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Liberia Prepares for Rebirth of Logging Industry


Liberia is preparing to allow logging, following a three-year, U.N.-sanctioned export ban. The post-war government has passed new logging legislation intended to prevent corruption and mismanagement, but some conservation experts say it is unclear how the law will be implemented and what role local communities will play. Kari Barber reports from our West Africa bureau in Dakar.

In June, the U.N. Security Council lifted its three-year sanctions on logging in Liberia. The ban was removed on the condition that President Ellen Johnson Sirleaf's administration would create a new law to regulate logging companies. The new legislation was implemented in June.

Under the previous Charles Taylor administration, logging provided about half of Liberia's revenue. A U.N. panel of experts accused Taylor of using logging revenue to supply arms for civil wars in Liberia and Sierra Leone.

Forests were being harvested at rates far exceeding sustainable levels, and concessions were based on patronage, not fair bidding, according to timber experts.

Timber specialist Art Blundell was on the U.N. panel that recommended the ban. He says the three-year halt allowed experts to review the logging sector.

Blundell says none of the more than 70 logging companies operating in Liberia had proper documentation and legal status to operate.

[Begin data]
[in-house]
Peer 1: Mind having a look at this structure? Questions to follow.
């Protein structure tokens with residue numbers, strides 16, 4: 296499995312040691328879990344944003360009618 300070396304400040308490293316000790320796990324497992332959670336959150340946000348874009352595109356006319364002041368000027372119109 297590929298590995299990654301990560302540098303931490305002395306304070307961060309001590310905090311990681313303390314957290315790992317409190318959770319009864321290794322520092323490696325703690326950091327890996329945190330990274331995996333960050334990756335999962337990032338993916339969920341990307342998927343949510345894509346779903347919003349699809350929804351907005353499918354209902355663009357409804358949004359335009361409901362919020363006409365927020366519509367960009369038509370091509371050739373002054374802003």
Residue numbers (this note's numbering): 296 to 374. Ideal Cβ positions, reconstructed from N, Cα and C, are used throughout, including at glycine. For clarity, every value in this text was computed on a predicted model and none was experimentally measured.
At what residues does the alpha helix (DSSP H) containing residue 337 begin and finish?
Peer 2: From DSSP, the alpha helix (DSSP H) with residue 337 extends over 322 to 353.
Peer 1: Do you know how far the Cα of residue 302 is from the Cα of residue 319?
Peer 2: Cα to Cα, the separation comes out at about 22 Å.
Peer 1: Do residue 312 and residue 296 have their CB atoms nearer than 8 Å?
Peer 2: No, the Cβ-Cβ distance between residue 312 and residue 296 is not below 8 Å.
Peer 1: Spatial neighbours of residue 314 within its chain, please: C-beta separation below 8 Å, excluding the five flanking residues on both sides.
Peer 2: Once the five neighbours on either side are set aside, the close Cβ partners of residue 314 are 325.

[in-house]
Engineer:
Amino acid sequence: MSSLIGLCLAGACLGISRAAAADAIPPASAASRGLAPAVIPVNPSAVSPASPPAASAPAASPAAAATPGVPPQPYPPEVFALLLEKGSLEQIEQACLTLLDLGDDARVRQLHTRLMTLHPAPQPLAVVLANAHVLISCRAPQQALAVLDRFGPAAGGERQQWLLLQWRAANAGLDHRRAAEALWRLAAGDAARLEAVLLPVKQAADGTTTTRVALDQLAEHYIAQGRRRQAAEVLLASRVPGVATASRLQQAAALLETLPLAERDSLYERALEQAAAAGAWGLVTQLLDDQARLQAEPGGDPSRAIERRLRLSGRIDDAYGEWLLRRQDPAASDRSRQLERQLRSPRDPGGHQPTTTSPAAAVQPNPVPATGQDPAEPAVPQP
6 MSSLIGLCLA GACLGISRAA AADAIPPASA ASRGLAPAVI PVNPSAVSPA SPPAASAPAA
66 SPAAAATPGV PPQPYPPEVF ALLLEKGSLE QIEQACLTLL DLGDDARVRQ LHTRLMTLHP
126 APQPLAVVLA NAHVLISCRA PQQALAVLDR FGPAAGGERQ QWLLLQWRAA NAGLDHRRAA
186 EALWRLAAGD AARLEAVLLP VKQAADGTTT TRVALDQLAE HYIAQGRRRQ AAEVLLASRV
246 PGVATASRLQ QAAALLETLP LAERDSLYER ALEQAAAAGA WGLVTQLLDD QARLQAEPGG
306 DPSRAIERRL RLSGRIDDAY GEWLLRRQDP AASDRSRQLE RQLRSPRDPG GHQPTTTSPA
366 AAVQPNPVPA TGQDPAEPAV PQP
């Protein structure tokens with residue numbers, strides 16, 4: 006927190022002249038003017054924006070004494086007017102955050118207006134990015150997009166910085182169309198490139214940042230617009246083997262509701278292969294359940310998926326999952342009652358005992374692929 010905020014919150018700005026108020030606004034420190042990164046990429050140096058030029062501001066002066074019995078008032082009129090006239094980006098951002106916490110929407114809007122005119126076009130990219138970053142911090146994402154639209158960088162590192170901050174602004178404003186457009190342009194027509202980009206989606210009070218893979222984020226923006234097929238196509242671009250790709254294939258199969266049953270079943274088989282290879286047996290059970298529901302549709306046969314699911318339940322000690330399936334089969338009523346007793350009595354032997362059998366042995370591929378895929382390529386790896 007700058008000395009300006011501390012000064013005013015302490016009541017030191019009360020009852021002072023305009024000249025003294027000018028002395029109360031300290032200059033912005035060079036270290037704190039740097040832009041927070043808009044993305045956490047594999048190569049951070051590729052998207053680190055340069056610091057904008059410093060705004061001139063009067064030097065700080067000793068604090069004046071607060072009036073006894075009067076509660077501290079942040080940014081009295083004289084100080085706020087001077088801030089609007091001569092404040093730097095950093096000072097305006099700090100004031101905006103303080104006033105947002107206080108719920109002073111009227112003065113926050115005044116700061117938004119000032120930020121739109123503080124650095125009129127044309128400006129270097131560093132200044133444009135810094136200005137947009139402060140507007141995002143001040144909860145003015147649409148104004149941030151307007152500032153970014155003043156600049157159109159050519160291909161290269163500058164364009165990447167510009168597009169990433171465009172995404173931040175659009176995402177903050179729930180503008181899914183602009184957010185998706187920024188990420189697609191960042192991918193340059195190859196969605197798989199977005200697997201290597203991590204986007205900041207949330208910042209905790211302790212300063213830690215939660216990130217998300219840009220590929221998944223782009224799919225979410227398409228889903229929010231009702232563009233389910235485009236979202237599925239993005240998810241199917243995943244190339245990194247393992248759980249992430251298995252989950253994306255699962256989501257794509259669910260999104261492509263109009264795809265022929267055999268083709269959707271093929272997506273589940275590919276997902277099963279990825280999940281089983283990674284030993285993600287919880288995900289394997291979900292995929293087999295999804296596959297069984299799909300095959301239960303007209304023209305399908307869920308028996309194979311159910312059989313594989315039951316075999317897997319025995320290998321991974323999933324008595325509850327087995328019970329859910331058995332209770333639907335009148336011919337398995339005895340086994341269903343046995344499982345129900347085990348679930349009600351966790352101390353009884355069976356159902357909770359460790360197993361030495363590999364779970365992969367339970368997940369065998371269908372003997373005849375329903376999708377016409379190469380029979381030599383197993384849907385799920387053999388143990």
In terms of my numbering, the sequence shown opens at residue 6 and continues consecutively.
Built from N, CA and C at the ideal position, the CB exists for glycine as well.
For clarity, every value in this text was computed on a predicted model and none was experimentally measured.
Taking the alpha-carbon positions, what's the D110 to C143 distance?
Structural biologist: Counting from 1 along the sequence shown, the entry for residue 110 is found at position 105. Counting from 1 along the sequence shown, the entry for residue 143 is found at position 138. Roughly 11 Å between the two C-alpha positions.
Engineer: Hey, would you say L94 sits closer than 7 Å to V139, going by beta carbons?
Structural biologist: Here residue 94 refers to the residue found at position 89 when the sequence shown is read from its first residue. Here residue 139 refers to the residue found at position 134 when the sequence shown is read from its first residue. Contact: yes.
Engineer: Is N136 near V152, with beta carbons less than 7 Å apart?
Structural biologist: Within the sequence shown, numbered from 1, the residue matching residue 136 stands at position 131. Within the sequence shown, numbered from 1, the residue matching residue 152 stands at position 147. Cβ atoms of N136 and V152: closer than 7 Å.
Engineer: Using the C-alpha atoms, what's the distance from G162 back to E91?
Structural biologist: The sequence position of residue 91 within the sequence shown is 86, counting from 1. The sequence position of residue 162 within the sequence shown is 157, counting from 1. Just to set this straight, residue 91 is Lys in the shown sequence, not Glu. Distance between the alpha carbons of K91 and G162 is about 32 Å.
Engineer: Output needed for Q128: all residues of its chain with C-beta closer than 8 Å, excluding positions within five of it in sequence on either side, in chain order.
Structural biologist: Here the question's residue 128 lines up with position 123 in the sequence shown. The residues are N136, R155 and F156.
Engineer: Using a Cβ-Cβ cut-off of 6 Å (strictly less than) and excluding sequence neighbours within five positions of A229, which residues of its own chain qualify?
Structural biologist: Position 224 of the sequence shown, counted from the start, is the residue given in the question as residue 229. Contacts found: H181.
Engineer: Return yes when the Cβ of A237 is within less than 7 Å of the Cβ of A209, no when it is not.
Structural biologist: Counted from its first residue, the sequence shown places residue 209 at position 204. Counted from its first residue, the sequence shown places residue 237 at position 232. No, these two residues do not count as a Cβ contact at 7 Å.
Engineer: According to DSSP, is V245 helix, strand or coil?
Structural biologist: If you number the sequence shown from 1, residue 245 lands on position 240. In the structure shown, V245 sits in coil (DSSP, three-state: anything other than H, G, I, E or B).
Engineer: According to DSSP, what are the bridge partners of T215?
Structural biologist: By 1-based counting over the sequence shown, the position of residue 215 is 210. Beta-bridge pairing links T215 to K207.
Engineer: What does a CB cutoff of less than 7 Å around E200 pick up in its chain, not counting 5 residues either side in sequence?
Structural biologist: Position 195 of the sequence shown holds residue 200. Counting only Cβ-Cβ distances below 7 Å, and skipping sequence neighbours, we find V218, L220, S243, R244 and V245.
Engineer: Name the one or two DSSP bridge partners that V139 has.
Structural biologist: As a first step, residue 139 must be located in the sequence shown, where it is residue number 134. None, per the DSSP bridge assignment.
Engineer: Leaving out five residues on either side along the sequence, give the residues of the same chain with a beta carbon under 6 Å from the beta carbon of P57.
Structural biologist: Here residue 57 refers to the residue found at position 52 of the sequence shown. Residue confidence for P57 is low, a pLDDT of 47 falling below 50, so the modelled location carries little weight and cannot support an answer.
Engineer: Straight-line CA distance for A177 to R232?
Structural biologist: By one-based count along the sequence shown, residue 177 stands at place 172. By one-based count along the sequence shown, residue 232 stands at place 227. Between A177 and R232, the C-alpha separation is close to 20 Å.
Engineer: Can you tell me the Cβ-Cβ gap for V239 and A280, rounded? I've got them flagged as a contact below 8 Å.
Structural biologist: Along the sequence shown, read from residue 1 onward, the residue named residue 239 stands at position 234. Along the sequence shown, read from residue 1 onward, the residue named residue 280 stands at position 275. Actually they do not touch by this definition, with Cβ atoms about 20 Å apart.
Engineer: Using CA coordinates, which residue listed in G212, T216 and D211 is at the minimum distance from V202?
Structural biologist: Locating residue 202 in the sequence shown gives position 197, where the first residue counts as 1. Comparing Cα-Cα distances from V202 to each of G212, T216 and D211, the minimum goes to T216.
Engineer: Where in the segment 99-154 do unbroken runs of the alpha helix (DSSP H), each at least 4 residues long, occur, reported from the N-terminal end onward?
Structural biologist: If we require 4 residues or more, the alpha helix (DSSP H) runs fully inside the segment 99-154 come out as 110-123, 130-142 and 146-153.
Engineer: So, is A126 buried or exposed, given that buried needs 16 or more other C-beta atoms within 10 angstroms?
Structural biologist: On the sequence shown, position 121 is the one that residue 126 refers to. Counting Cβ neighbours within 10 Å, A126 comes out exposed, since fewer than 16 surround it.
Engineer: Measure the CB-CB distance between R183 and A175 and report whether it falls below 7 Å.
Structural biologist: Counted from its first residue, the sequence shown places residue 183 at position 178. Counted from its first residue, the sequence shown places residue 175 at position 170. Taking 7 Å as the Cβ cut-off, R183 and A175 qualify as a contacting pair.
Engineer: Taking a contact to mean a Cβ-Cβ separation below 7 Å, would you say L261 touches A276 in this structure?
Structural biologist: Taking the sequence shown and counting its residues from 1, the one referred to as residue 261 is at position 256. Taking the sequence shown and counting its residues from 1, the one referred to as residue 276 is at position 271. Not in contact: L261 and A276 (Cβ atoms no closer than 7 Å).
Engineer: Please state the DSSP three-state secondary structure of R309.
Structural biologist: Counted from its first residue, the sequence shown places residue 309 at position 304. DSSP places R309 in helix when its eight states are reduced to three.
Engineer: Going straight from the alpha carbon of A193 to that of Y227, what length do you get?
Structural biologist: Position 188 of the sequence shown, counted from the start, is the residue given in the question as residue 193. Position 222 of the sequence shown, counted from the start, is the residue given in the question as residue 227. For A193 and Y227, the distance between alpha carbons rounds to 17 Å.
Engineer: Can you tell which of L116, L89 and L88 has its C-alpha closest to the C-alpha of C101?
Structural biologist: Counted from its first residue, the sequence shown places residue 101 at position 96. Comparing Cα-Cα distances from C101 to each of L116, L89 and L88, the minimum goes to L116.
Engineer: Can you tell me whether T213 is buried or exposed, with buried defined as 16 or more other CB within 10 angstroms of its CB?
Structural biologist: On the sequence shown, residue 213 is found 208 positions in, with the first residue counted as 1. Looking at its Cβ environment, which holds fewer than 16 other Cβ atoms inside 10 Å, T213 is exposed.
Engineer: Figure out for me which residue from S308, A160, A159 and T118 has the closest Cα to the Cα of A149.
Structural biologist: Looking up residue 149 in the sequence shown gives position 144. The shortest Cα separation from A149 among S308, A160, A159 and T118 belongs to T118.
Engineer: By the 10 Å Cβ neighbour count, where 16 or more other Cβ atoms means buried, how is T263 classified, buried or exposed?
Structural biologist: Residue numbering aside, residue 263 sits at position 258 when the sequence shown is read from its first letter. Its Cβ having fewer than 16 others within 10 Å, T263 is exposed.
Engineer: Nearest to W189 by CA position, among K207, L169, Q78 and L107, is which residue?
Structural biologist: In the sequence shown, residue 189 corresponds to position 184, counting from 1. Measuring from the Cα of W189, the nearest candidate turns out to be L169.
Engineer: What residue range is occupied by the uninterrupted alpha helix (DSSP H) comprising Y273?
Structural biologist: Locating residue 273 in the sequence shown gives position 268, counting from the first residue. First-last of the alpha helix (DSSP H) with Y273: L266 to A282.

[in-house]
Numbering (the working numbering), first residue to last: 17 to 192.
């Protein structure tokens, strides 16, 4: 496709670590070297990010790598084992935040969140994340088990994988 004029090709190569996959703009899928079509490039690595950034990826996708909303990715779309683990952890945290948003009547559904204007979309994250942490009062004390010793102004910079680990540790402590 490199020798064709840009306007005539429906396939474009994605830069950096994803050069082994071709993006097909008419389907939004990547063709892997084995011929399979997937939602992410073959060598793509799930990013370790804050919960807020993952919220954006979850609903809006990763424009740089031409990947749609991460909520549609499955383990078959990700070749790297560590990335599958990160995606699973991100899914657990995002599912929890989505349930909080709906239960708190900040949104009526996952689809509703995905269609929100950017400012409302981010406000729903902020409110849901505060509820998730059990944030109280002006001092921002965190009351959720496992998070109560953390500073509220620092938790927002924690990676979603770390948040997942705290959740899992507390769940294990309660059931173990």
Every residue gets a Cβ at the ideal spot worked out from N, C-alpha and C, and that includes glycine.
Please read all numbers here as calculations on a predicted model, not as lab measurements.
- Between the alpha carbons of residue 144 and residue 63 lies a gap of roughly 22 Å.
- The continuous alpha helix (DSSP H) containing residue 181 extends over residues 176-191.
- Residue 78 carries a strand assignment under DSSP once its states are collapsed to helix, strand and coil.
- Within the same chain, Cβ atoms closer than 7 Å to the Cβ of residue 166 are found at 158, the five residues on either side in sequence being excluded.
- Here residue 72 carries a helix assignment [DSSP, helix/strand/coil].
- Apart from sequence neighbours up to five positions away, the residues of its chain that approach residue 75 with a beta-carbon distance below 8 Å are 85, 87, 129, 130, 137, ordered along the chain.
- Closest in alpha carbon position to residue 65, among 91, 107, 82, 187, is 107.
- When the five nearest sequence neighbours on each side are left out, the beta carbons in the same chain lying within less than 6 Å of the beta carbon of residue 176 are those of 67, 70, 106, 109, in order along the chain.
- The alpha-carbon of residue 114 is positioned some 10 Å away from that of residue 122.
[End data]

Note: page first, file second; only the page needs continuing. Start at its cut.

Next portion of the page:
"They were not paying taxes; there were gross human rights violations; there were violations of environmental regulations, so it was clear that business as usual was not conducive to the future of the country," he said. "That is why it was so crucial there was this new law and a new start to the sector."

Under the new law, requirements include proper planning to decide what areas should be logged, competitive bidding, provisions to make sure logging company security forces do not operate as militias, transparency of financial reporting, tracking logs from harvest to export, and consultations with local communities.

The government says 30 percent of money earned from leased timber concessions will go to nearby areas for schools, health needs and other social services.

Blundell says the law is a big step forward, but it is only as good as its implementation. He says how local communities will receive their promised benefits is still unclear.

"In the past the money was meant to go back to the communities, and the communities never saw it," he added. "The law requires the money to go back to the communities although it does not specify exactly how it should happen. But that will be taken up in a regulations that governs that, so there is an opportunity for those to be modified to make sure they work."

Stephen Vandermark, of the environmental group Fauna and Flora, says that although the new forestry law recognizes local communities should be involved in dialogue with logging companies, it does not specify how.

"At this point in time it is not obligatory for a logging company to actively engage with a local community, and it is not clearly defined how logging companies could engage with local communities and how local communities could have, for instance, right of use and right of resources in communal forests and logging concessions," he said.

Vandermark says creating the law and lifting the ban were essential to the revitalization of Liberia's economy. Now, he says, international organizations need to be diligent in monitoring the process and continuing to push for responsible use of Liberia's timber.

"They do need the lifting of the timber sanctions quite urgently," he added. "The question, of course, is whether the international community will continue to lobby for a forestry act that will allow for more sustainable management of the forests in Liberia."

Before the ban, the experts say logging grossed about $100 million in revenue each year.

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